The large degree of freedom is the motion at a joint that is controlled by the actuator at the joint. The other five degrees of freedom are due to the deformation of the structural beam caused by external loads and errors in the motion of the bearings. All these motions are small and can be described in terms of the motions that two measuring beams adjacent ends may make with respect to each other. The three small translational degrees of freedom are caused by bearing runout and by the support gimbal for the measuring beam not being exactly in line with the large degree of freedom axis of rotation as the structural beam bends.
The first small angular degree of freedom is caused by the measuring beam swinging from side to side as it tracks small sideways deflections of the structural beam. The second small angular degree of freedom is caused by twist of the structural beam about its longitudinal axis. Both of these small angular degrees of freedom can also have small components of motion caused by errors in bearing motion.
With the fact established that six degrees of freedom must be measured in order to determine the position and orientation of a structural link, one must consider how to accomplish this task without relying on mechanical accuracy (only non-contact sensing measurement methods are allowed). The methods for accomplishing this are limited by the ways in which non-contact position and orientation measurements can be made. Examples of the types of sensors which could be used include: capacitance and impedance probes, and fiber optic levers. Also lateral effect diodes can be used to measure X-Y coordinates of the center of intensity of a beam of light. Methods for combining these sensors are discussed below.
There are three basic motions which sensor groups at adjacent measuring beams will be required to make with respect to each other in order to track a structural beam: twisting, bending, and translating. For an articulated structure, these motions include: three small translational, two small rotational, and one large rotational degree of freedom. The nature of these motions lends them to be detected by looking at the relative motion between two adjacent (essentially parallel) plates. In order to determine the best method for detecting relative motion between the plates, consider that the tools available are distance sensors and lateral position sensors. Also, if desired, local geometry variations (bumps) can be introduced. Detailed concepts are discussed below.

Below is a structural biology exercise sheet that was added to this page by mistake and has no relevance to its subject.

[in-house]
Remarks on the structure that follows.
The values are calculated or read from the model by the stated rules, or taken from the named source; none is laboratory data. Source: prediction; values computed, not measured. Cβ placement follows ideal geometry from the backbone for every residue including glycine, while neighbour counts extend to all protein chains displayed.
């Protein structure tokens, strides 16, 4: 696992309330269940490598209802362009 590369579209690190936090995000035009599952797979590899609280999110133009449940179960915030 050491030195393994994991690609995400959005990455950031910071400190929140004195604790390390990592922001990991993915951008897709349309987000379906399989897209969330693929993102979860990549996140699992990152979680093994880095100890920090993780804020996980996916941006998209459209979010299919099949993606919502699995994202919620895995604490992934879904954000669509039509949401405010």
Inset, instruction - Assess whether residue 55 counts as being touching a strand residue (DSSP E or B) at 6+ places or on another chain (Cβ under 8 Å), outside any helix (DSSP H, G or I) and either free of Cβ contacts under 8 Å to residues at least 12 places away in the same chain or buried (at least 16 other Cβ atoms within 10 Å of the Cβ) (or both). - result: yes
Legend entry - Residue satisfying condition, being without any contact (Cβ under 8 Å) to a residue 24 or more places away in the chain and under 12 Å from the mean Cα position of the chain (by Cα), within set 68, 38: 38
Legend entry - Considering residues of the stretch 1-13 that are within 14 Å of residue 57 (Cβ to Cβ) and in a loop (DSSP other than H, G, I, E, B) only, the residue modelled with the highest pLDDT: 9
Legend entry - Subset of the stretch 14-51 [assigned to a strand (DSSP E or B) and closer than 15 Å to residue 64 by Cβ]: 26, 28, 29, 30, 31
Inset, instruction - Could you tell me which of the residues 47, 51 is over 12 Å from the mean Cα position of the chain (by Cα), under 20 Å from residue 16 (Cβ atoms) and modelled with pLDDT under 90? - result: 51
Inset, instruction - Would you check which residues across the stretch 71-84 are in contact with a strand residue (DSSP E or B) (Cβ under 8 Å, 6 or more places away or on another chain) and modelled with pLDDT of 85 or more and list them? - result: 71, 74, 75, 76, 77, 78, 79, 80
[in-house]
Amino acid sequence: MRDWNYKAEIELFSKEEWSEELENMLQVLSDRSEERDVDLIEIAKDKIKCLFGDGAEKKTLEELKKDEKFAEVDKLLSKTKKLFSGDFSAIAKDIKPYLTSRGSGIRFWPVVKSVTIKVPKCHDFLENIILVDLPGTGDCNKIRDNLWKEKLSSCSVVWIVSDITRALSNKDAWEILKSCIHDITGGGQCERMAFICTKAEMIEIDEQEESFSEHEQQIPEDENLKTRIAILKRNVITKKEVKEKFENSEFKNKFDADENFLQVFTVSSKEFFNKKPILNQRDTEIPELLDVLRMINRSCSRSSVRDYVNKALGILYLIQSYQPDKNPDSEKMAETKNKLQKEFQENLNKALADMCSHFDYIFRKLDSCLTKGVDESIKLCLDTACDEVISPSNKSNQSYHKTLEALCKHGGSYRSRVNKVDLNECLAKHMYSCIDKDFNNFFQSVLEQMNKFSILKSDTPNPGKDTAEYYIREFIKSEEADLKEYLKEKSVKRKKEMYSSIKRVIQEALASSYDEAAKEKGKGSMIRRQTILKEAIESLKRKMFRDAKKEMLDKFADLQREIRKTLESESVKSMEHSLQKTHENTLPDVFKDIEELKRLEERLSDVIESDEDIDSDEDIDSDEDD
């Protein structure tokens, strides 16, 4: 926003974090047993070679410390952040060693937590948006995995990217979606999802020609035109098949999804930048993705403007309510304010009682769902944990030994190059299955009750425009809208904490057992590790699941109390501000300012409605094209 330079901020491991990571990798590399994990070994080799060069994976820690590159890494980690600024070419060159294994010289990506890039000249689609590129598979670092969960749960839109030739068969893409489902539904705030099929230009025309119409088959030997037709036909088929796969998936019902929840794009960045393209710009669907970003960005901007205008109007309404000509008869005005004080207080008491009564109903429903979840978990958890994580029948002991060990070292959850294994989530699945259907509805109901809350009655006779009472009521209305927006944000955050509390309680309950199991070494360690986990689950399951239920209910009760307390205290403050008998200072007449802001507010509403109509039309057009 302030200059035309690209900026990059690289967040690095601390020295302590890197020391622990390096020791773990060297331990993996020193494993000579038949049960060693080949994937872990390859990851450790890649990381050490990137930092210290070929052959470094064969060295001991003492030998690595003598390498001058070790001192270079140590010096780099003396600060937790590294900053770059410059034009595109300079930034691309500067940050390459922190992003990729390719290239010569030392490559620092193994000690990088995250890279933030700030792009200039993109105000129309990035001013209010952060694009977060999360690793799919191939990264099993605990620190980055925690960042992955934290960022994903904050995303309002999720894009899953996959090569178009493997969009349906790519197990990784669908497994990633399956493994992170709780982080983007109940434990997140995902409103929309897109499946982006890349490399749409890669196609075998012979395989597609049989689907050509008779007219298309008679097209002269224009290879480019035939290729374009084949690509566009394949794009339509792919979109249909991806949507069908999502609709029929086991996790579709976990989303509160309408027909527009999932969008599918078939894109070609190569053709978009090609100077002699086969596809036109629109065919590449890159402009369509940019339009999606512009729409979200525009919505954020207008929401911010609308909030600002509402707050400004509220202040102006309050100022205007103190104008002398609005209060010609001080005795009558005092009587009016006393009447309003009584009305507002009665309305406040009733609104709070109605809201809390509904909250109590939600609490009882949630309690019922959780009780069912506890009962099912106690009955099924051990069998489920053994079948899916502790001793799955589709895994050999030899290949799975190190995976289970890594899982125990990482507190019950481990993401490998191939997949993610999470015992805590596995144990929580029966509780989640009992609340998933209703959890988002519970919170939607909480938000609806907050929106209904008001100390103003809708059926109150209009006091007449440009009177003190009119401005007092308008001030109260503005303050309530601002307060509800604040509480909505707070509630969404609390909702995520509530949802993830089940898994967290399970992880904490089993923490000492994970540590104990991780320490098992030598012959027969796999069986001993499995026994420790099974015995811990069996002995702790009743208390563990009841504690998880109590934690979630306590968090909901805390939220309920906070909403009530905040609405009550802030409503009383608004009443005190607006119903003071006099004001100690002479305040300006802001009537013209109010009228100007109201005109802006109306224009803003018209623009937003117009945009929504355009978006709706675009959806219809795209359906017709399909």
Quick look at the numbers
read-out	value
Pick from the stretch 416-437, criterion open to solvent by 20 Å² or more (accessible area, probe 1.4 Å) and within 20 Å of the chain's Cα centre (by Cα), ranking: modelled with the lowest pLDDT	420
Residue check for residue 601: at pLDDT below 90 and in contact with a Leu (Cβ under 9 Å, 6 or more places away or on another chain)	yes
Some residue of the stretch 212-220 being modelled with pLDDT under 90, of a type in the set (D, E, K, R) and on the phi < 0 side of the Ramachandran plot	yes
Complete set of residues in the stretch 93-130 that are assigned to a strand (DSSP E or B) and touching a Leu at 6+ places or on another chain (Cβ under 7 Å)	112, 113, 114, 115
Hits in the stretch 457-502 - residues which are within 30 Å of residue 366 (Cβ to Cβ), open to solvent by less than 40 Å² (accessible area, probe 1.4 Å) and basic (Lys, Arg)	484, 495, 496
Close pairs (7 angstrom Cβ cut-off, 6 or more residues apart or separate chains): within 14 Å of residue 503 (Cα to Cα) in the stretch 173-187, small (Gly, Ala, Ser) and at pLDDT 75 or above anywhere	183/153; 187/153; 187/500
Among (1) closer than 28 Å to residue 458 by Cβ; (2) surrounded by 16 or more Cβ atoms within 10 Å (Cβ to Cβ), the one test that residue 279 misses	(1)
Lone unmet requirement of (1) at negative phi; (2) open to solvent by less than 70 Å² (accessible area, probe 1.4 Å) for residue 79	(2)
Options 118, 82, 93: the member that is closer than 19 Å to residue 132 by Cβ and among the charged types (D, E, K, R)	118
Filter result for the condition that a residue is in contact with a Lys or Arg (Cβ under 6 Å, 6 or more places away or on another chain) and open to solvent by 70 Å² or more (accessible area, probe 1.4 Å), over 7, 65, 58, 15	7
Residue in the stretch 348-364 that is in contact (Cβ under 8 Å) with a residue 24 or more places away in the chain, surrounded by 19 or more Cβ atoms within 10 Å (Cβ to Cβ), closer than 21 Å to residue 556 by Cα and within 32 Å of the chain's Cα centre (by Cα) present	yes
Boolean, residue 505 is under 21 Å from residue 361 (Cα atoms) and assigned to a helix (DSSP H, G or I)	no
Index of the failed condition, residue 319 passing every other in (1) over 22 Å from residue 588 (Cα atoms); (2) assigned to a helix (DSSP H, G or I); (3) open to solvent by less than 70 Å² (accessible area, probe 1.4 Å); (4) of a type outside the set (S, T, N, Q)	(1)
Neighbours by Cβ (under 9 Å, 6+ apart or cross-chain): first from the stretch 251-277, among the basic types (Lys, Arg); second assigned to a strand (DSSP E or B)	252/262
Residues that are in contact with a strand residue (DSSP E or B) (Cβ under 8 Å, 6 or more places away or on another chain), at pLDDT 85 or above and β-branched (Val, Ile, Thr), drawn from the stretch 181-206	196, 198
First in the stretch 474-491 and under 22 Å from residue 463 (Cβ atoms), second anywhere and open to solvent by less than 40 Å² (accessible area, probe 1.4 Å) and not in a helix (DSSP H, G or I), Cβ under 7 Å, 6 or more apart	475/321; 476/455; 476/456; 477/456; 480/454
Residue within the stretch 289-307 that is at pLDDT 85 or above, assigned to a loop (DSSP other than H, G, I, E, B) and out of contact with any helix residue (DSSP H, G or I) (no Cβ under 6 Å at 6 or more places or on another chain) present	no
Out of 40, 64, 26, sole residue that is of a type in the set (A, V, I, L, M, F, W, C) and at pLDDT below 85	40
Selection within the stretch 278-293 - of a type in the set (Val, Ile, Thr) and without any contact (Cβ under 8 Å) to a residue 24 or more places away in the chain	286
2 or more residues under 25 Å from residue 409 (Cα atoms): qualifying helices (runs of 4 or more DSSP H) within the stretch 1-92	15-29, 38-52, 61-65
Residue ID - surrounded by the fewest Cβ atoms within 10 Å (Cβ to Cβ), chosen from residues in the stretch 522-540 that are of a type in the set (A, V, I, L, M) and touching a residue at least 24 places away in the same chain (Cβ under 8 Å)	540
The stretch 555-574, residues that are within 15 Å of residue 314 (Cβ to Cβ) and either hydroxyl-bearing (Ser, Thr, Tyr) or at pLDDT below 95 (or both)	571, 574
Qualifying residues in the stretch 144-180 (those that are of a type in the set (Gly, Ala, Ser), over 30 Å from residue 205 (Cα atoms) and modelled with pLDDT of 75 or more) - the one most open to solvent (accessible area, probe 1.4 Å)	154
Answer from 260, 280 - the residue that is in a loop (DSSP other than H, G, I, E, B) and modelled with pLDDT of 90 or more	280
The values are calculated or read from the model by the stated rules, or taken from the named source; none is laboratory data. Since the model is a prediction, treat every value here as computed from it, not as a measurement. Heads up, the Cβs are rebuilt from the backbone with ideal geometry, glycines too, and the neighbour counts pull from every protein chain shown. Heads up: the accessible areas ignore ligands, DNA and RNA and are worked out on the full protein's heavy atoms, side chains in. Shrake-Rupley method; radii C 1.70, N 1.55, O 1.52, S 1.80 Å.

One small translational and two small angular degrees of freedom can be easily determined by looking at the separation between two plates, which are approximately orthogonal to the large axis of motion at a joint. Since the plates are always essentially parallel and the large degree of freedom motion can only cause one plate to rotate with respect to the other, if the separation between the planes is determined at three points, then the relative distance and orientation between the plates will be uniquely defined. This concept is illustrated in FIG. 5 which shows a plate 6PL attached to a measuring beam 89M facing an adjacent plate 7PL mounted to another measuring beam 88M. If the relative distance between the three sensors marked 7P, 8P, and 9P, is known, then combined with the sensor outputs, the Y, α, and β motions can be accurately determined (the trigonometry involved is elementary).
Since the distance measurements are made across small (0.05" (1.3 mm)) gaps, twelve bit sensor accuracy with the sensors spaced 5" (127 mm) apart will allow for the angles α and β to be determined to 2.4 μrad (0.5 arc-sec) which will result in an endpoint error in a 50" robot of only 0.000120". Also note that electromagnetic non-contact distance measuring sensors (such as impedance probes) measurements will not become distorted by small (1°) α and β motions of the plates.